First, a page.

Of course, he and his crew — including Movsesian — also do hilarious ads for various services and products, from State Farm Insurance to the Tushy Bidet.

The latter, Movsesian said, is a favorite. “He brought me in to say it,” she recalled, chuckling.

If O’Brien comes across as intelligent, it is because he is, Movsesian said.

“He is probably one of — if not the — smartest people I have ever met. He chooses the right combination of words that is always the funniest,” she said.

The Harvard grad (with honors), and two-time president of the Harvard Lampoon, “constantly feels the need to educate himself. He is always reading a giant biography of a president or a book on the Civil War or World War II. I knew he was smart but I did not fully understand” just how smart, she noted.

“He and I always knew we have a very dysfunctional boss and assistant relationship,” she said.

A focus group for the podcast indicated, “people liked our dysfunctional dynamic.”

Movsesian clearly enjoys herself on the podcast. “It’s one of the favorite parts of my job,” she said.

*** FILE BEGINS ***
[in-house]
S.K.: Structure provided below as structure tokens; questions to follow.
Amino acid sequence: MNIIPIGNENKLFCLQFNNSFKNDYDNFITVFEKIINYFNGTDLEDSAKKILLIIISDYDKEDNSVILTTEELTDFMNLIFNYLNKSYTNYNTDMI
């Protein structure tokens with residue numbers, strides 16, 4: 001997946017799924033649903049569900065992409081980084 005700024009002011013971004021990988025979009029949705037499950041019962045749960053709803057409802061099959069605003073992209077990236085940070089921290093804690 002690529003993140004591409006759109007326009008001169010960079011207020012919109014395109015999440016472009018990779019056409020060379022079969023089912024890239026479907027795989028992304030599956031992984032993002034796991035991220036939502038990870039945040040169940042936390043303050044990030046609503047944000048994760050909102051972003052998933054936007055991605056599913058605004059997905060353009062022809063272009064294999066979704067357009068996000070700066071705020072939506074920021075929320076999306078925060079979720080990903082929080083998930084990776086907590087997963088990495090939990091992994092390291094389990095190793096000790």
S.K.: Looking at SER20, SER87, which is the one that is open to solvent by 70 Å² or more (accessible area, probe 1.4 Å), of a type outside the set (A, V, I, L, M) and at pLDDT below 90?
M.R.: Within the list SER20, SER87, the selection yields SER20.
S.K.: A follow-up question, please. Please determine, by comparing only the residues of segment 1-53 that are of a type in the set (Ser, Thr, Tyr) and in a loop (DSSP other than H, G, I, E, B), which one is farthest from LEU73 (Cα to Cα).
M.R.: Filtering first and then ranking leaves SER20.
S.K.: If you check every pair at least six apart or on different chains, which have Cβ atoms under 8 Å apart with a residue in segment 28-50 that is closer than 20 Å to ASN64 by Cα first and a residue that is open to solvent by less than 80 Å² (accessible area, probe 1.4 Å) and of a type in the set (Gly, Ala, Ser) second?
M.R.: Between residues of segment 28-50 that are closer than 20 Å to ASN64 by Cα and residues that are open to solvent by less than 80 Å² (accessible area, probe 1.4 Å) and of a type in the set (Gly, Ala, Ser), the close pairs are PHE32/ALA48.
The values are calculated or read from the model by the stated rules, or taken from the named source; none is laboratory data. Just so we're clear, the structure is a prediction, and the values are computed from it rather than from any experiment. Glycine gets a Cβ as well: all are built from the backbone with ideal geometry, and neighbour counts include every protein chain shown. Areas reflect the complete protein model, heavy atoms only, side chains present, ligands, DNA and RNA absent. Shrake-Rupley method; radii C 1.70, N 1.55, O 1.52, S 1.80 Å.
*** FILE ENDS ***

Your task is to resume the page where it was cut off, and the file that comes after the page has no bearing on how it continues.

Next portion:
Movsesian comes through as someone who is comfortable in her skin.

“I’m very open. He grew up in a very different household, which was not as loud as mine. He censors himself a lot more,” she added.

Movsesian, like O’Brien is self-deprecating. “I was never an aspiring writer or comedian. The end game is not to become a comedian,” she said.

Asked how she prepares, she notes honestly, “I don’t really prepare. Most of the time we just start recording.”

And deflecting any compliments, she said, “I am only as good as I can be with Conan. I think Conan has a way of bringing out the funny with me.”

Some of the guests are superstars. When asked if she gets nervous or the opposite, jaded, she replied, “It is the coolest thing in the world. The worst thing that can happen is to get jaded. I have kept that in mind. I constantly remind myself how cool it is.”

She joked that she and a long time friend have what they call “just come home” moments, when either of them is in a situation which is so incredible that they feel they don’t belong in it. One such moment was when Movsesian was attending the White House Correspondents’ Dinner in Washington in 2015, with O’Brien hosting it.